How Do Formula 1 Teams Work?

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The majority of team sports worldwide have a large group of people running the actual sports team from behind the scenes. Formula 1 teams work the same. Although there are only two drivers in each racing team, there can be up to 1200 employees on a single team working behind the scenes. So, how do Formula 1 teams work?

There are multiple layers of people working behind the scenes in a Formula 1 team. The pyramid consists of racers, engineers, cleaning staff, and everything in between. Bigger teams have an average of roughly 550 team members and up to 200 in a small team.

Every single member of the team has an important role, and no two people in the team will do the same job. Although there could be 100 mechanics, each of them has an independent role designed to help the team win as much as possible. So, take a seat and learn how Formula 1 teams work.

What Roles Are There Inside A Formula 1 Team?

There is quite a substantial amount of roles inside a Formula 1 team. Of course, there are the people that will be shown on camera at the races, but there will be hundreds more behind the scenes that you will never see. Each person is designed to do a particular job to get the whole team working smoothly like a train.

There are teams within Formula 1 that are smaller than other teams. For example, a team like Ferrari are pretty large and produce all their racing parts themselves, but Haas is a much smaller team and instead buys their engines from Ferrari. This is the same for power units and other racing parts across specific teams. Therefore, a team like Haas will be smaller than a team like Ferrari because the Ferrari team needs more labour to produce what they want.

No matter how small or big, each team will have a Team Principal. There will also be a few managers of different divisions in each team, assistants to the managers and principal, multiple race engineers, a couple of R&D (research and development) engineers, designers for cars and other items, aerodynamicists, engineers that are required in different engineering roles, mechanics for the races, production workers as well as cleaning staff and groundworkers etc.

Each role is given a particular job to do. For example, suppose there are 105 aerodynamicists in a team (which is possible). In that case, each one will be tasked with figuring out something about aerodynamics that will aid the car’s performance. Although the team managers may ask some to work on a specific project as a team, not all 105 of the staff will be doing the same job.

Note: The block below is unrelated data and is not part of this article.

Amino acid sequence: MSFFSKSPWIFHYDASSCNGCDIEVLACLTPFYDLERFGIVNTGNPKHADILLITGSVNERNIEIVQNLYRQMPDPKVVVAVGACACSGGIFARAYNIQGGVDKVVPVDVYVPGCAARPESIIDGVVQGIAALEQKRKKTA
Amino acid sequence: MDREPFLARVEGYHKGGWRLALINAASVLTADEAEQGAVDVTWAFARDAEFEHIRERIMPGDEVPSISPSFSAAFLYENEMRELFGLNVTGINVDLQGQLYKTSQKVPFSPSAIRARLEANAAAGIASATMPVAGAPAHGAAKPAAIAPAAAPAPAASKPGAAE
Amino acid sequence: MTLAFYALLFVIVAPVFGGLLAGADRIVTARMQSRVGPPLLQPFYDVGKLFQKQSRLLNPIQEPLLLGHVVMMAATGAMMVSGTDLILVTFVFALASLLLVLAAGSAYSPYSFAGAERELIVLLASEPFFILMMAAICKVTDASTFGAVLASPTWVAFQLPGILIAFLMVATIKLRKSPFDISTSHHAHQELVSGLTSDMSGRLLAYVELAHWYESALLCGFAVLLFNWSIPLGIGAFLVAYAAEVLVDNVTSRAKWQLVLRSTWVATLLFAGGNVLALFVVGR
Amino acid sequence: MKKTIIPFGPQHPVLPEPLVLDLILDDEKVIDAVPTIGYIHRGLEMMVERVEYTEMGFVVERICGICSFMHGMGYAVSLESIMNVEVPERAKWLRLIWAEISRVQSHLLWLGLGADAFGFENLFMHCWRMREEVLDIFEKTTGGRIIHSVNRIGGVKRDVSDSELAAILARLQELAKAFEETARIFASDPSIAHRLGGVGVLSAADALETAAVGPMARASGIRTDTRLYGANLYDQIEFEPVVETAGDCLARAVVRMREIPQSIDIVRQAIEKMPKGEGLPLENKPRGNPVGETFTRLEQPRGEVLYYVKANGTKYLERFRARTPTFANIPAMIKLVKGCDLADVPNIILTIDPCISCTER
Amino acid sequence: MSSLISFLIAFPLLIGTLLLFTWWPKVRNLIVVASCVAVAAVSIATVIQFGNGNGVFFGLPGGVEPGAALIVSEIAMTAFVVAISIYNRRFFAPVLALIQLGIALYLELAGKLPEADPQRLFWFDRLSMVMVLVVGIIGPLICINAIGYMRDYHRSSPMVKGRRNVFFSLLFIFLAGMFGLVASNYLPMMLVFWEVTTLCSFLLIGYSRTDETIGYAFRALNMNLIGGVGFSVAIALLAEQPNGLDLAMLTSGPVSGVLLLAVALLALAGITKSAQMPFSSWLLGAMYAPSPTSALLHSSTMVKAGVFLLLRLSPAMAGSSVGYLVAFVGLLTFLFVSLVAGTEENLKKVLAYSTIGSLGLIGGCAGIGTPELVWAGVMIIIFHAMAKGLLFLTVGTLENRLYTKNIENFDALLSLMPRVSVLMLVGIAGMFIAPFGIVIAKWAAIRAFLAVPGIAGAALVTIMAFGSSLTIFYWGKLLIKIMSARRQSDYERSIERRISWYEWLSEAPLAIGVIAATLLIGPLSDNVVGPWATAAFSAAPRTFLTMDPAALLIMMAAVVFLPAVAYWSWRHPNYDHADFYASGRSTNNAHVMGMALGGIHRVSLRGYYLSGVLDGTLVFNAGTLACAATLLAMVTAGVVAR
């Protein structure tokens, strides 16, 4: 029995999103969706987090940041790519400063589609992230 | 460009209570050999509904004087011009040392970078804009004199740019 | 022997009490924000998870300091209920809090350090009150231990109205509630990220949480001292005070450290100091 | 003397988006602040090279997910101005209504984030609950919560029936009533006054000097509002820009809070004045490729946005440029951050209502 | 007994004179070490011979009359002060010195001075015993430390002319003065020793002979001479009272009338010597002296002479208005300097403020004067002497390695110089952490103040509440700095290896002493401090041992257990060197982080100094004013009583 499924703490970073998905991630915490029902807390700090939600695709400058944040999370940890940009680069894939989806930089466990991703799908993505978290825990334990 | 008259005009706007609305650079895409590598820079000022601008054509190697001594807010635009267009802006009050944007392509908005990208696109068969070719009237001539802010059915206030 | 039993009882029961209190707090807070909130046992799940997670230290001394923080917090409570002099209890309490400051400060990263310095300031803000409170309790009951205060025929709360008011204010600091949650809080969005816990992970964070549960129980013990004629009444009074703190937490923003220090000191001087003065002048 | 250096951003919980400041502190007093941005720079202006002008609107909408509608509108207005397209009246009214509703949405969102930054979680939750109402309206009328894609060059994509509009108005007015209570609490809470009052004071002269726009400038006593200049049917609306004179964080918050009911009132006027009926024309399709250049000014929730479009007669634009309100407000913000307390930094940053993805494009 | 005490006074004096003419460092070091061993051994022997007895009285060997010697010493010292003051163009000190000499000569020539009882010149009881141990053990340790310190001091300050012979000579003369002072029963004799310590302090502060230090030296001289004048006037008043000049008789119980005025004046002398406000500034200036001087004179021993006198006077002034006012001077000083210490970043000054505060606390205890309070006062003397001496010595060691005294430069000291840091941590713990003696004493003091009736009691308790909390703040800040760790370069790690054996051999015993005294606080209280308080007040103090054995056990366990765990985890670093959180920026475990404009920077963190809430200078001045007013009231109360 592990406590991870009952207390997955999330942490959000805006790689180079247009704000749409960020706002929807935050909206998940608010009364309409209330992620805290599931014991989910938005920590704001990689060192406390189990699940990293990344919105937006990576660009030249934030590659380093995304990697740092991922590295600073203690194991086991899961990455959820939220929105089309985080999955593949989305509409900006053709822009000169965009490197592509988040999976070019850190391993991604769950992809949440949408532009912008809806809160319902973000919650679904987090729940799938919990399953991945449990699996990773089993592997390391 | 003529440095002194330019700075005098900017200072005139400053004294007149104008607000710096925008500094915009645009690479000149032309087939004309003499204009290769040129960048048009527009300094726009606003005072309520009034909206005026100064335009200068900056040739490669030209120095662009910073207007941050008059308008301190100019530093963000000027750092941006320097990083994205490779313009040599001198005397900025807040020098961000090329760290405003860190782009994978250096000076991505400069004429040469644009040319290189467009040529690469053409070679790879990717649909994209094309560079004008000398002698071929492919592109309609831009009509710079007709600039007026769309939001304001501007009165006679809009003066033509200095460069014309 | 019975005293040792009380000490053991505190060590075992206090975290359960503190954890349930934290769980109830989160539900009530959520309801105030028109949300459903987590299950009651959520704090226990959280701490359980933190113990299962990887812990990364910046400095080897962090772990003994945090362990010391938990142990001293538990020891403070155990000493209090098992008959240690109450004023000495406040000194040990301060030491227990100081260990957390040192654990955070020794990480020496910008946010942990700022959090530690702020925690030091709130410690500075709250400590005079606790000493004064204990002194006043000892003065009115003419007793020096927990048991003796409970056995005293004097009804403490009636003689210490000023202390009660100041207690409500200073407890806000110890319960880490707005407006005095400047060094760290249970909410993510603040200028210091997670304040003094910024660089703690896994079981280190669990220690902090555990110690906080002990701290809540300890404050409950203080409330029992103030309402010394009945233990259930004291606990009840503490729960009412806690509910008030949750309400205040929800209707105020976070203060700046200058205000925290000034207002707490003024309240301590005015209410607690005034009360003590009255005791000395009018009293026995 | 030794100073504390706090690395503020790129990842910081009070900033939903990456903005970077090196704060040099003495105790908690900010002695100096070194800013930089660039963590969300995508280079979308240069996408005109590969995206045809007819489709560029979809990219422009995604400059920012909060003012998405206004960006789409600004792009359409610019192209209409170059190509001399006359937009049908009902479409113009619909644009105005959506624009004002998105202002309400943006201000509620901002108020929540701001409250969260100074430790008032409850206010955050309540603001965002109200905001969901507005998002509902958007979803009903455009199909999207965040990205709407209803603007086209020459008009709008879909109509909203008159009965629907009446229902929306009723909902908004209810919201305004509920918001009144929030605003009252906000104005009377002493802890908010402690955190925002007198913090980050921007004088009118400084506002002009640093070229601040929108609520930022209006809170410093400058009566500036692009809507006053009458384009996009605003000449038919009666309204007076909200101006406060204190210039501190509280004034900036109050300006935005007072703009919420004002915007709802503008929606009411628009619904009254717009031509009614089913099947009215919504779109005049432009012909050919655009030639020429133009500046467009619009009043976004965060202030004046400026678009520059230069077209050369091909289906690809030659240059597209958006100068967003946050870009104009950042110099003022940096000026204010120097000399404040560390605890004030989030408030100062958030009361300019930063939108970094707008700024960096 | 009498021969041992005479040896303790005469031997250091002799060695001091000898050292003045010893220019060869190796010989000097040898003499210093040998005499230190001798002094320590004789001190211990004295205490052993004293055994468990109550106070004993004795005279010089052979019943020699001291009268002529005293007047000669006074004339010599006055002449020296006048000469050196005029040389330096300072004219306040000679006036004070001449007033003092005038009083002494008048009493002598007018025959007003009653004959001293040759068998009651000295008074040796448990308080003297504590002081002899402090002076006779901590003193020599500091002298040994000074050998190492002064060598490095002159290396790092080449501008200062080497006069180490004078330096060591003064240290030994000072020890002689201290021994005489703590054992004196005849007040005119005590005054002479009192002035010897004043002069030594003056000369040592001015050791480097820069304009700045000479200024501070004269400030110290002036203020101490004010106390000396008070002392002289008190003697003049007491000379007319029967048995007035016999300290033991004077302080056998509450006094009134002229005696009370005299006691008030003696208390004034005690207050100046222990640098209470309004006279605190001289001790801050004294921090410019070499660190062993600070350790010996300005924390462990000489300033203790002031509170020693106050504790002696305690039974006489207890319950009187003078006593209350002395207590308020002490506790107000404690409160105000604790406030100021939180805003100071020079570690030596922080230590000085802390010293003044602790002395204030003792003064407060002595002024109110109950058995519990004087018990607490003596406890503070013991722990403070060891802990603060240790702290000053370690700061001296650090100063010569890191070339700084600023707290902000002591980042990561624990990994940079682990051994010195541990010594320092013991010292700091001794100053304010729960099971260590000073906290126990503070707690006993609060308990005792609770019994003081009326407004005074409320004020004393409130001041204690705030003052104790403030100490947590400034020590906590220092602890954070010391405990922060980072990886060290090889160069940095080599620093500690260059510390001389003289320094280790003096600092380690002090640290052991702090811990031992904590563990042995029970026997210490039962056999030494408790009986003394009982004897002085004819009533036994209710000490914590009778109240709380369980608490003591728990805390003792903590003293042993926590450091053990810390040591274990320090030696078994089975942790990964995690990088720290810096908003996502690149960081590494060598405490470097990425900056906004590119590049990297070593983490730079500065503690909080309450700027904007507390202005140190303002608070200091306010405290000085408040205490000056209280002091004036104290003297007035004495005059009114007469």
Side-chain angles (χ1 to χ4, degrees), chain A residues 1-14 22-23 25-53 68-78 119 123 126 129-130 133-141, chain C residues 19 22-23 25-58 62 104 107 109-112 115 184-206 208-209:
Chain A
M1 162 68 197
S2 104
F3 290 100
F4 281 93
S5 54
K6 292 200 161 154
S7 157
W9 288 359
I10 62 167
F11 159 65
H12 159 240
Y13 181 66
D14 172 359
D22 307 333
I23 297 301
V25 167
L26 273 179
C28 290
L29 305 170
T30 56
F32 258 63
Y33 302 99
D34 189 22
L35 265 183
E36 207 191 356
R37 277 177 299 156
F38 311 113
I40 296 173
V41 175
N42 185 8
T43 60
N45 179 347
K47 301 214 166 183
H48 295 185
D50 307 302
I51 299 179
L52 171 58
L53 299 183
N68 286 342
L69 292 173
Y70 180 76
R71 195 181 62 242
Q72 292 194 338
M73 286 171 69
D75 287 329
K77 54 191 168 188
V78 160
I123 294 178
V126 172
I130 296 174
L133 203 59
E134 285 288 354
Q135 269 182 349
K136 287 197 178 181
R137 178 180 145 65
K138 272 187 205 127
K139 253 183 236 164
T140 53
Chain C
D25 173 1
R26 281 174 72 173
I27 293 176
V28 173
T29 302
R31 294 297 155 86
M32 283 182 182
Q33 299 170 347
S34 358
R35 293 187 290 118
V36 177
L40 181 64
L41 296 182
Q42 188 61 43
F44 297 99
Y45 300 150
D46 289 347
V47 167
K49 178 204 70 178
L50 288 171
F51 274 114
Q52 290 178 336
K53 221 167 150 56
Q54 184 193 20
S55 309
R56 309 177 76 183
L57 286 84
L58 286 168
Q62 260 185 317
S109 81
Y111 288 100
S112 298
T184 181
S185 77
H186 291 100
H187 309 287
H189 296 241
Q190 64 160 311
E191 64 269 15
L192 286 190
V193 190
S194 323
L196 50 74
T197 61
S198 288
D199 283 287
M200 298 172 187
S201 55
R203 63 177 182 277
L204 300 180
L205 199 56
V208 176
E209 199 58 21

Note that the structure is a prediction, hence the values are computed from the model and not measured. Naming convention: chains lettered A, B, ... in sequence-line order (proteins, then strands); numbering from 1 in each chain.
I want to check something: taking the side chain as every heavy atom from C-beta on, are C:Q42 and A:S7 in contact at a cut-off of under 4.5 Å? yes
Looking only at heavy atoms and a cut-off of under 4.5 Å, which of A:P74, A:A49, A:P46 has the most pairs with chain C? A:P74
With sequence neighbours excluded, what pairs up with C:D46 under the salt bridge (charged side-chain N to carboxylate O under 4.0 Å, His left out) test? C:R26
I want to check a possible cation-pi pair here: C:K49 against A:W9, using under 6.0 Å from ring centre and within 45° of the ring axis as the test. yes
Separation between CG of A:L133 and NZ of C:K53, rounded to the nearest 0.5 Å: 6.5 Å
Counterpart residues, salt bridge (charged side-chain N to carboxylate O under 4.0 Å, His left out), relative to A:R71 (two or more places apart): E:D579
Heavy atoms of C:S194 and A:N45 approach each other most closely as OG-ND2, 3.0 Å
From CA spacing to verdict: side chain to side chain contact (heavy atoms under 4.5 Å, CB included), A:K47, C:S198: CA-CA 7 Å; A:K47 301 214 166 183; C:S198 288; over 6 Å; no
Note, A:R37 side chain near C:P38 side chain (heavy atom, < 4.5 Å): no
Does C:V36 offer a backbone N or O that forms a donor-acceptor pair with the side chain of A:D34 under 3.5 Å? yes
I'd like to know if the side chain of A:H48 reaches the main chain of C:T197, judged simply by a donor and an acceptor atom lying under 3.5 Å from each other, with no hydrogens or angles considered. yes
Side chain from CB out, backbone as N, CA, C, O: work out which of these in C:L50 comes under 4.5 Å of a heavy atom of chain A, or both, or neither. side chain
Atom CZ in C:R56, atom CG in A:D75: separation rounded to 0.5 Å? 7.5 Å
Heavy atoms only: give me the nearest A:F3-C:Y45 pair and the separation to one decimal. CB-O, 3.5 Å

The amount of people in each position, like upwards of 110 designers in a big team, puts how much work goes into an F1 team into perspective. It is not just a couple of people building a car and two guys racing them; it is a large team of people trying to get the team to work as best and efficiently as possible.

What Does Each Role In An F1 Team Entail?

The cars in Formula 1 are (obviously) the most crucial part of the team. The car is the thing that 90% of the people inside a Formula 1 team are working on. No matter how good a driver in an F1 team is, if their car is not better than all the other racing cars, they will not win anything. 

Every different role in a Formula 1 team plays an integral part in getting the car to perform the best it can. For example, a team like Ferrari will have a few people working on making the best engine possible, while that is not necessary for a team like Haas as they will just buy the engines from Ferrari. So without further ado, this is what each role in a Formula 1 team entails:

Team Principal

Essentially, the team principal is the ‘big boss’ of the entire Formula 1 team. This person can make any decision regarding the team, hire or fire anybody, and is the person who runs the whole process within a Formula 1 team.